New England Newspapers
PITTSFIELD -- About 75 Berkshire residents started their new year off on the right foot -- then the left foot, then the right foot again -- as they hiked through a snow-covered Pittsfield State Forest on Tuesday afternoon.
This year, for the first time, the free guided First Day Hike was held at the Pittsfield State Forest. Historically, it’s been held at the Mount Greylock State Reservation in Lanesborough, but it was moved because one of Mount Greylock’s shelters was closed.
The traditional First Day Hike is held at state parks all across the country. Equipped with layers of clothes, snowshoes and hiking poles, apple-cheeked hikers shuffled their feet along the packed-down snow on paths within the quiet, chilly state forest terrain.
Pittsfield State Forest was an ideal choice to take over the first-of-the-year hike from Mount Greylock because it was close to Pittsfield’s city scene, according to Alex Gillman, a Department of Conservation employee who led the hike along the Tranquility Trail, the shorter and less demanding of the two paths hikers could choose from.
"People love getting fresh air and getting back in touch with nature," said Alec Gillman, the program committee coordinator for the Department of Conservation’s Civilian Conservation Corps. Eileen Kennedy came from Amherst to enjoy the easier hike.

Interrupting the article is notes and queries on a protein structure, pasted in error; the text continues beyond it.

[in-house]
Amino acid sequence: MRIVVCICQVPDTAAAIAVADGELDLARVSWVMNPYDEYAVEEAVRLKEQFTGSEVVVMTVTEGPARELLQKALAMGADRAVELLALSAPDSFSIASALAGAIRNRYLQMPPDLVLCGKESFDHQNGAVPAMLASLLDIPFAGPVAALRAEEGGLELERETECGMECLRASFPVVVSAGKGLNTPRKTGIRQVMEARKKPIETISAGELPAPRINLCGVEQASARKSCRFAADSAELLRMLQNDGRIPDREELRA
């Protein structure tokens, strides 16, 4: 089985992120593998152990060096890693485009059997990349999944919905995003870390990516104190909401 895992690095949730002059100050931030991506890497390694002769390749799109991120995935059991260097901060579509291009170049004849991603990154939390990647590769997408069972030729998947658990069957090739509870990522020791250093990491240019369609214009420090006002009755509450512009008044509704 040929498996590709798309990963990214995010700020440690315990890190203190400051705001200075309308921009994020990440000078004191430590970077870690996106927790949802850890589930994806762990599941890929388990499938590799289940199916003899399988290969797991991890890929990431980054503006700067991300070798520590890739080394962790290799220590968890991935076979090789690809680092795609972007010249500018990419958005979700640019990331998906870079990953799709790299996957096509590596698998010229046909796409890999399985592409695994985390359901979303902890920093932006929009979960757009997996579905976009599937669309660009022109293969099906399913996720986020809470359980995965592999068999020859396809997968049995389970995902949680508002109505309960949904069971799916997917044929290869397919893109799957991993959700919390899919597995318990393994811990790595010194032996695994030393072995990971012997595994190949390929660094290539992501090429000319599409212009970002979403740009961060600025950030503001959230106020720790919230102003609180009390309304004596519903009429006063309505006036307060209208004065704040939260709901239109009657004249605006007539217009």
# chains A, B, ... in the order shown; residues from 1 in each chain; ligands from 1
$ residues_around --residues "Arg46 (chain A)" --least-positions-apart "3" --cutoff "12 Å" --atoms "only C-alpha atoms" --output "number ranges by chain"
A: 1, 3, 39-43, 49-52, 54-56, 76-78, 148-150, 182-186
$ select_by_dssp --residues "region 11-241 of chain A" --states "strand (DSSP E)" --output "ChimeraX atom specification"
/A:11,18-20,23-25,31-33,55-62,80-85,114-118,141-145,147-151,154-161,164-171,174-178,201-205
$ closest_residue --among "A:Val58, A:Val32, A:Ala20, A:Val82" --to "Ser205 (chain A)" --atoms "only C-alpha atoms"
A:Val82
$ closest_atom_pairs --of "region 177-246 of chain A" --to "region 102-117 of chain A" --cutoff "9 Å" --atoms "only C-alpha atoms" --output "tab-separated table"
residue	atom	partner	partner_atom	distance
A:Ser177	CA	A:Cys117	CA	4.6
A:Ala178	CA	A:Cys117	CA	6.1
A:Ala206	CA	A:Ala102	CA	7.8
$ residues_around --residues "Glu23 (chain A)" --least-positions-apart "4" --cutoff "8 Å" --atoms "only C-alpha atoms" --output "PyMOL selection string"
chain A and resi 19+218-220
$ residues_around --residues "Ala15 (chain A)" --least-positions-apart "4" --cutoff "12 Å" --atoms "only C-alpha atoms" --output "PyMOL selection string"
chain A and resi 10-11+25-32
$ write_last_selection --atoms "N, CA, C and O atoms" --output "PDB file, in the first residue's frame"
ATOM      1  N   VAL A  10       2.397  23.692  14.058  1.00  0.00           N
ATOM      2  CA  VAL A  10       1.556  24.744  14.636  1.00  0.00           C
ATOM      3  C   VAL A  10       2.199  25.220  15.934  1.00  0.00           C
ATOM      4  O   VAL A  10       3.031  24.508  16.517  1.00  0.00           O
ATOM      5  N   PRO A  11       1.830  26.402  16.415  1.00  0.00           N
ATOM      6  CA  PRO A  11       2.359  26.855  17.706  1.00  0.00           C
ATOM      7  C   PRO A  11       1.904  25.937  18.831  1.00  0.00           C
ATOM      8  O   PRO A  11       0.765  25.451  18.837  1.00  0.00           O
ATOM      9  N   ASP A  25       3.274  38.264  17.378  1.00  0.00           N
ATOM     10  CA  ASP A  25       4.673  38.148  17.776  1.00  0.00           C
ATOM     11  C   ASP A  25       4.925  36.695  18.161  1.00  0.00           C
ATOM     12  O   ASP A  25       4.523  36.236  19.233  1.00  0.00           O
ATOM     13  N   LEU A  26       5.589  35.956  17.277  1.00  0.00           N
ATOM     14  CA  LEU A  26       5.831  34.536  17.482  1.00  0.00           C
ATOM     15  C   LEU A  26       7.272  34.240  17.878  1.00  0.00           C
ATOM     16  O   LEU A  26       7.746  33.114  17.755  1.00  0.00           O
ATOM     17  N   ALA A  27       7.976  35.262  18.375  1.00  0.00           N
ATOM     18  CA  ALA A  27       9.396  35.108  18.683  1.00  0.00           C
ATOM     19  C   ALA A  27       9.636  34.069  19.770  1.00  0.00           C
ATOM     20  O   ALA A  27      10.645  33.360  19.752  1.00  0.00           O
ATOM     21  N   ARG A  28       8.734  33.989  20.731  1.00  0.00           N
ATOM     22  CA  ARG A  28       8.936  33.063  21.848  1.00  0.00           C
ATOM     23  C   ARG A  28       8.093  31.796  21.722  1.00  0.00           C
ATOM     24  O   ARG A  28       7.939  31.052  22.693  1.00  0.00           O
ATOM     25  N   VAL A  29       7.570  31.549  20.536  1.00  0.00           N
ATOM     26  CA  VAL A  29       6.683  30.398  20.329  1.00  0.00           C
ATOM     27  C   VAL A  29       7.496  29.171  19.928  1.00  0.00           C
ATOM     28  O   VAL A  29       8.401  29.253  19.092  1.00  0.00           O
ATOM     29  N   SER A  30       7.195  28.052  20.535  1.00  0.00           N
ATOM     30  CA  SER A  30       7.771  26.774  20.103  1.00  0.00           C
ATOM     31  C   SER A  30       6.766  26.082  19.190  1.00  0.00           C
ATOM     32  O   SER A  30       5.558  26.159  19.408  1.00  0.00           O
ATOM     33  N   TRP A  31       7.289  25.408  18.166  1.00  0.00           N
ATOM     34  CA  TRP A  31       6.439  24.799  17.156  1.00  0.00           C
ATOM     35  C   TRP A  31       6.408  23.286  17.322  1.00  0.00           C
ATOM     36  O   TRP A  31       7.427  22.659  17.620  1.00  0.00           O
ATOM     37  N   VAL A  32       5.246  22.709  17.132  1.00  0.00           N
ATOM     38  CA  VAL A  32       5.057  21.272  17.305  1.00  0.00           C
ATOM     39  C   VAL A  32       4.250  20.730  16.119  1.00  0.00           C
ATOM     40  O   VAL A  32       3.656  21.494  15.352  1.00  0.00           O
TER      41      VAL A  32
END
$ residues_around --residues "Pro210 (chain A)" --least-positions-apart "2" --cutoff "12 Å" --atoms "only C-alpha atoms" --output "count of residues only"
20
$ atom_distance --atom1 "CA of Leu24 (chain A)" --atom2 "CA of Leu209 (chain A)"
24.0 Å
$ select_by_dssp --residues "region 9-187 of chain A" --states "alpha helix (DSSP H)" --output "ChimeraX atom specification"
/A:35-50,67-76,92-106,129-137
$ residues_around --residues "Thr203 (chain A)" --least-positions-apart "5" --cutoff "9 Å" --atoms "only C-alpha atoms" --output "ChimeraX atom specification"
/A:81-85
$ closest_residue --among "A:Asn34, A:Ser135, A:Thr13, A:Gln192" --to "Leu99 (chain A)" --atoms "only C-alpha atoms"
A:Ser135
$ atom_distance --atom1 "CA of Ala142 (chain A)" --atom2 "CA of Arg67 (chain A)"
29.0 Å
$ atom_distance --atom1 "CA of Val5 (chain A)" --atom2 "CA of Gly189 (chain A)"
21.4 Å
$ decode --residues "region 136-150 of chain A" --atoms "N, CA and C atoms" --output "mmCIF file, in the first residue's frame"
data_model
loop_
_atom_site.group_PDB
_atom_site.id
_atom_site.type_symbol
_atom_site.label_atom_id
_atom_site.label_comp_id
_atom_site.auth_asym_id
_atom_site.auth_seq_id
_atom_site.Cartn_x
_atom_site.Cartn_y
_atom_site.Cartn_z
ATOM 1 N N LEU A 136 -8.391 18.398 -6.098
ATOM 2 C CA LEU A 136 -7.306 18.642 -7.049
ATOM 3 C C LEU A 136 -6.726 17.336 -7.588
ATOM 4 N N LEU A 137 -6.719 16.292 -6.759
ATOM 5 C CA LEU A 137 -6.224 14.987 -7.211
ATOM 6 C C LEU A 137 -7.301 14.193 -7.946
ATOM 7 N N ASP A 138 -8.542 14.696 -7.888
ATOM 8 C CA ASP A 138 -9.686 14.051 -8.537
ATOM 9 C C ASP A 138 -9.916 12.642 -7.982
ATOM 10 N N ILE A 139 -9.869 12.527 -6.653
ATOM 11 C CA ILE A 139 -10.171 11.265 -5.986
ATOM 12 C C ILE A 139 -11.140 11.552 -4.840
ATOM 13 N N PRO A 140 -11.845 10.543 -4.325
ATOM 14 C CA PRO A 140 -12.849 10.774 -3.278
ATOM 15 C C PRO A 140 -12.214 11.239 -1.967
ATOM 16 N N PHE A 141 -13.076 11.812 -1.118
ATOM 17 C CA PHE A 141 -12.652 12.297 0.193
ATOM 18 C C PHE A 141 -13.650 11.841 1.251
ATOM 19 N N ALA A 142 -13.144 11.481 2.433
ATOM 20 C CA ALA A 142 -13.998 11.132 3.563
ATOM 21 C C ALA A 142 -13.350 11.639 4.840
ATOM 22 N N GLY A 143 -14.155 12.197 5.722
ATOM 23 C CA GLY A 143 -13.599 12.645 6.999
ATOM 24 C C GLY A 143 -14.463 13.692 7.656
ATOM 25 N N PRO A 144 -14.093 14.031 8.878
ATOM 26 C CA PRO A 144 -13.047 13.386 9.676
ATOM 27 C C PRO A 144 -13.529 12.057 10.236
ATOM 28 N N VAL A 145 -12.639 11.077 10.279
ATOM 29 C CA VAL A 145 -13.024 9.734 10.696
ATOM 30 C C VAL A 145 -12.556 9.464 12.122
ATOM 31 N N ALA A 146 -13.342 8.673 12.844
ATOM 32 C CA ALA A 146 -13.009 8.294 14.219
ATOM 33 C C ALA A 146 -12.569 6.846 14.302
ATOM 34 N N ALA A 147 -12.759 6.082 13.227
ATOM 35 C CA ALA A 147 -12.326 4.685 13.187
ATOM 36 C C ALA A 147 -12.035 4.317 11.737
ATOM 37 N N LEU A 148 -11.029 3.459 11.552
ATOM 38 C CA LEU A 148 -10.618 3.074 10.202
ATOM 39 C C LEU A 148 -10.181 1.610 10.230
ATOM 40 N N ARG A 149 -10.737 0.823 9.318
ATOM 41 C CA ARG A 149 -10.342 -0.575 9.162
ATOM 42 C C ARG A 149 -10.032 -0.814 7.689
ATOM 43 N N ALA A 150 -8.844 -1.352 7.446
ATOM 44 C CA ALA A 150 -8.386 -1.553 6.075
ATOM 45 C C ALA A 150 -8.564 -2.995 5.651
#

"It was a lovely way to start the new year," Kennedy said. "[Gillman] was very knowledgeable. I learned that the area used to be all farming."
Despite the cold and snow, a majority of the hikers took the longer, steeper trail that started on Hawthorne Trail before continuing onto Parker Brook Trail.
"We had a little bit of a climb," said Becky Barnes, the Greylock complex supervisor that led the more difficult hike at Pittsfield State Forest on Tuesday. "We had families, kids -- a good mix of people."
Among the hikers on the more challenging mile-long walk was Betsy Halla. It’s part of her New Year’s resolution to play her trumpet more, hike more and read more of her Bible -- an initiative she’s calling Betsy’s Brass, Boots and Bible.
"I don’t do this often enough," Halla said, almost out of breath. "In the winter, it’s all white out here and you can actually see the birds. It’s so peaceful; it’s almost like time stops."
Hikers met in the ski lodge afterward to warm up by the fireplace with cups of hot chocolate.